I was reading this question:

Help me understand what Farside, a ten "stage" rockoon looked like? How was it configured?

Comments link to Highest stage counts in actual launchers? but here I'm interested in understanding if there are diminishing returns in going to a high stage number, and how this could be addressed mathematically.

  • What are the limiting factors of staging aside from the added cost/weight of additional engines, coupling components?

  • Is there a way to formulate an equation to express the relationship of staging benefits versus number of stages? Obviously it will vary between designs, but I'm wondering if there's something to generalize like the Tsiolkovsky rocket equation, but for staging.

  • $\begingroup$ Related: space.stackexchange.com/questions/8719/… $\endgroup$ Commented Mar 19, 2019 at 14:25
  • $\begingroup$ I would imagine one of the more relevant costs would be up-front development. Even if it's not the biggest long-term cost, in some cases it might stop space agencies and companies from considering rockets with more stages. $\endgroup$
    – CPomerantz
    Commented Mar 19, 2019 at 20:41
  • $\begingroup$ google lagrange mulipliers in connection with rocket staging. As I understand it there isn't a closed form solution (not my topic) though it may shed some light on it. $\endgroup$
    – Puffin
    Commented Nov 15, 2019 at 1:06

1 Answer 1


Any multi-stage rocket design has to obey three rules to achieve good performance:

  1. Fuel type and engine design must allow for a high specific impulse. This is equally valid for single and multi staged rockets.
  2. Each stage's payload (which can be another stage) should outweigh the stage's structure, otherwise most of the energy is wasted accelerating the structure.
  3. Total weight should decrease rapidly with each stage separation, so that the lower stage's heavy engines and interstage don't need to be duplicated.

A rocket with too few stages pushes a lot of empty tankage around and eventually violates rule #2. A rocket with too many stages and too little ∆v per stage has lots of duplicated engines and interstages and violates rule #3. Somewhere in between there's an optimum.

To design such a rocket, start with a given specific impulse and structural mass fraction. Distribute the remaining mass between fuel and payload and calculate ∆v per stage. Finally, calculate the number of stages to achieve the desired total ∆v. The tricky part is to chose the optimal fuel and payload fractions and to measure efficiency of the design.

To help that, I created the below plot. It shows mass efficiency (system specific impulse) over ∆v per stage for different structural mass fractions. Everything is normalized with respect to specific impulse of the fuel.

enter image description here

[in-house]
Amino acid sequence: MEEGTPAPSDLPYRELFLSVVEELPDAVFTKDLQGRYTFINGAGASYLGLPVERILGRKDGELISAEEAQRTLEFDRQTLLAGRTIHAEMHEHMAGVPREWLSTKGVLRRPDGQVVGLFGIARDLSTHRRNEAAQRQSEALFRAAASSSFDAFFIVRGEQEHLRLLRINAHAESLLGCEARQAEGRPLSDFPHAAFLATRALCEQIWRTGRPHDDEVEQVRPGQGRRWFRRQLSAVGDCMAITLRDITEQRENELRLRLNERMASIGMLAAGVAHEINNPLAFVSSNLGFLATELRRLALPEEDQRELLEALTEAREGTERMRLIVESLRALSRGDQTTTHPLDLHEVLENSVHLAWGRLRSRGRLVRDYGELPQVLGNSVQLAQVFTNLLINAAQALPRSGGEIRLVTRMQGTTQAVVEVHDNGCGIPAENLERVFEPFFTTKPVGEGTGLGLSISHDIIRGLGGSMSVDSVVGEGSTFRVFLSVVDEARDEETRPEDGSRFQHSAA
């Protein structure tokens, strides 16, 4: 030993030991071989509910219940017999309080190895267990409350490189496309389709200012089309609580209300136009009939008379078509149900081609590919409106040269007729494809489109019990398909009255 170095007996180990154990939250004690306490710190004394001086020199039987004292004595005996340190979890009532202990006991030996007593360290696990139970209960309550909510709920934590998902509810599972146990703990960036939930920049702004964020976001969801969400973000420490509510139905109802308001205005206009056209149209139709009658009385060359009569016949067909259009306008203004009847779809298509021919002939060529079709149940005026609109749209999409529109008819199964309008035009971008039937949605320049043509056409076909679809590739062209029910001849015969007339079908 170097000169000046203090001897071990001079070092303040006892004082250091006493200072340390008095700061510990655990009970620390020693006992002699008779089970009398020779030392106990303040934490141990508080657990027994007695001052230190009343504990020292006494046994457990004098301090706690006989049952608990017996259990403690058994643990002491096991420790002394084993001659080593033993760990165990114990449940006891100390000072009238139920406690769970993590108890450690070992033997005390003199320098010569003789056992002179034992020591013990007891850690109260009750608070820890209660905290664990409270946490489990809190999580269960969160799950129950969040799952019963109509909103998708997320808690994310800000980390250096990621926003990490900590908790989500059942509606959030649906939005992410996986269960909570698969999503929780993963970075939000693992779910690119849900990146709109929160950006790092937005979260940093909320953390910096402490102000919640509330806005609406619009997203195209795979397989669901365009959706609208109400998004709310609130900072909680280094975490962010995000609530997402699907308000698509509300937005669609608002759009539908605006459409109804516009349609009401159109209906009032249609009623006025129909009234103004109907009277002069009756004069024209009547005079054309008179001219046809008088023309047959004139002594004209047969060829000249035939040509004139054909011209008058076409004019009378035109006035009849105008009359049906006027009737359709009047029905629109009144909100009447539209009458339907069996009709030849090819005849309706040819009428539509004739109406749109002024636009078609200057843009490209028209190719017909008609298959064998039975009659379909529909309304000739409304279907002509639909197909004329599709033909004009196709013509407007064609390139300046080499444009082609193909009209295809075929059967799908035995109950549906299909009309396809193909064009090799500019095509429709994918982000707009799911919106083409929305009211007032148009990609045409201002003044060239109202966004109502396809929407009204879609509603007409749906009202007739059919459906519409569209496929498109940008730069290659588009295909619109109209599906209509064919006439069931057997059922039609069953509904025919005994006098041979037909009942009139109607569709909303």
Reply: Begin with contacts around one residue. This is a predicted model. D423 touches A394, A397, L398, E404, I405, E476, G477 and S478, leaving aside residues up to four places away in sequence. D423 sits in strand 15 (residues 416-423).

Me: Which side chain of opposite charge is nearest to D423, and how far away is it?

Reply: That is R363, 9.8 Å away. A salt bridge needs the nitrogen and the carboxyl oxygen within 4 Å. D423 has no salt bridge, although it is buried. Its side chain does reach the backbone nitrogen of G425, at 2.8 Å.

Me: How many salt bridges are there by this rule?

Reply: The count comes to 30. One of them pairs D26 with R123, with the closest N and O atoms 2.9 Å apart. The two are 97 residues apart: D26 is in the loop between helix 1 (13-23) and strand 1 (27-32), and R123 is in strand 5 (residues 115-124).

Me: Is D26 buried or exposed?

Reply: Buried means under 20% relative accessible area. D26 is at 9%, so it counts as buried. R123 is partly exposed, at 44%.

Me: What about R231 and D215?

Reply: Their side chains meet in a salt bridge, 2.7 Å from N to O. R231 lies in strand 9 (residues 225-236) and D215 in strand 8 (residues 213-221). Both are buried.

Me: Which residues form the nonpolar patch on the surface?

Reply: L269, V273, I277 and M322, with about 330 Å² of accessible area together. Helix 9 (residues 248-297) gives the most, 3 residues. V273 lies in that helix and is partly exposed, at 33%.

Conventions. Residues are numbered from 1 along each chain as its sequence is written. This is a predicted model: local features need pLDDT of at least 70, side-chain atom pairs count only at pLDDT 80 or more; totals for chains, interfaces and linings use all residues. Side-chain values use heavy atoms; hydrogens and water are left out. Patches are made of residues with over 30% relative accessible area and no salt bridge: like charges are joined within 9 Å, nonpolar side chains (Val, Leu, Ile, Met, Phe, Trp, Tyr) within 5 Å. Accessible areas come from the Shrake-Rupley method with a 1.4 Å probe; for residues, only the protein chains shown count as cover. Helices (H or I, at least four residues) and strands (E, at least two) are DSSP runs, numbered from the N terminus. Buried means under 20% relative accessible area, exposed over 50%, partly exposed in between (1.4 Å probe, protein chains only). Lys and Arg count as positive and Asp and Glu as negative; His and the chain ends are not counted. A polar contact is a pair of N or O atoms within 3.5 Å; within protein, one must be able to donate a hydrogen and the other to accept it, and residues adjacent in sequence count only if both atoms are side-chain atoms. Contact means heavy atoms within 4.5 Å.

Example usage:

Your fuel's specific impulse is 3000m/s, you want a system specific impulse no less than 2500m/s to keep launch mass low and you can achieve a structural mass ratio of 4%. You look up 2500m/s (83.3% of 3000, y-axis) on the 4%-line, the result of which is a ∆v of 6600m/s (220% of 3000, x-axis) per stage.

6600m/s per stage allows a two-stage-to-orbit vehicle. More stages yield diminishing returns, as maximum efficiency of the 4%-line never goes above 90%. If you use too many stages with little ∆v per stage, efficiency will even drop.

I created the plot using Matlab/Octave as follows:

p = [0.02, 0.04, 0.07, 0.10, 0.15, 0.20, 0.30, 0.40];    # structural mass ratio
v1 = (0.0:0.01:4)';                                      # v_end / I_sp
ma = 1.0 ./ exp(v1);                                     # non-fuel mass ratio
na = ma - p;                                             # payload mass ratio
na(na < 0) = 0;
v2 = v1 ./ log(1.0 ./ na);                               # I_ssp / I_sp

h = plot(v1, v2, 'LineWidth', 3);
set(gca, 'fontsize', 16)
grid minor
h = legend(arrayfun(@(x)[num2str(x*100),'%'], p, 'UniformOutput', 0));
set(h, 'FontSize', 16);
ylabel('Issp / Isp');
xlabel('∆v / Isp');
  • 3
    $\begingroup$ This is a fascinating plot that is going to take me some time to fully comprehend. $\endgroup$ Commented Mar 20, 2019 at 0:43
  • 1
    $\begingroup$ I'm not sure I understand Rule #3. Why is it fuel > structure + payload and not fuel + structure > payload? After a stage burns out, its structure is discarded and thus the next stage doesn't need to carry it. $\endgroup$
    – TooTea
    Commented Mar 20, 2019 at 9:06
  • $\begingroup$ I have some questions: When finding the intersection between the 4% line and 0.83%, why do you look at 220%, instead of (roughly) 20%? 220% is clearly better, but why the 4% line and the imaginary horizontal line at 0.83% intersect twice? What does the first intersection represent? $\endgroup$
    – BlueCoder
    Commented Mar 20, 2019 at 9:10
  • $\begingroup$ Also: why from 6600 m/s do you infer that this would be a 2-stage vehicle? $\endgroup$
    – BlueCoder
    Commented Mar 20, 2019 at 9:11
  • 1
    $\begingroup$ @BlueCoder essentially the y-axis of the curve measures the loss in efficiency (distance from the top) due to the need to carry tanks, engines, etc. compared to the perfect efficiency given by the fuel. The x-axis corresponds to how much fuel (and so tankage and everything else) you carry. If you are too far to the left, the mass of engines is too great and you don't push enough fuel through them to use the effectively. If you are too far to the right, you spend too long pushing empty fuel tanks. $\endgroup$ Commented Mar 20, 2019 at 9:41

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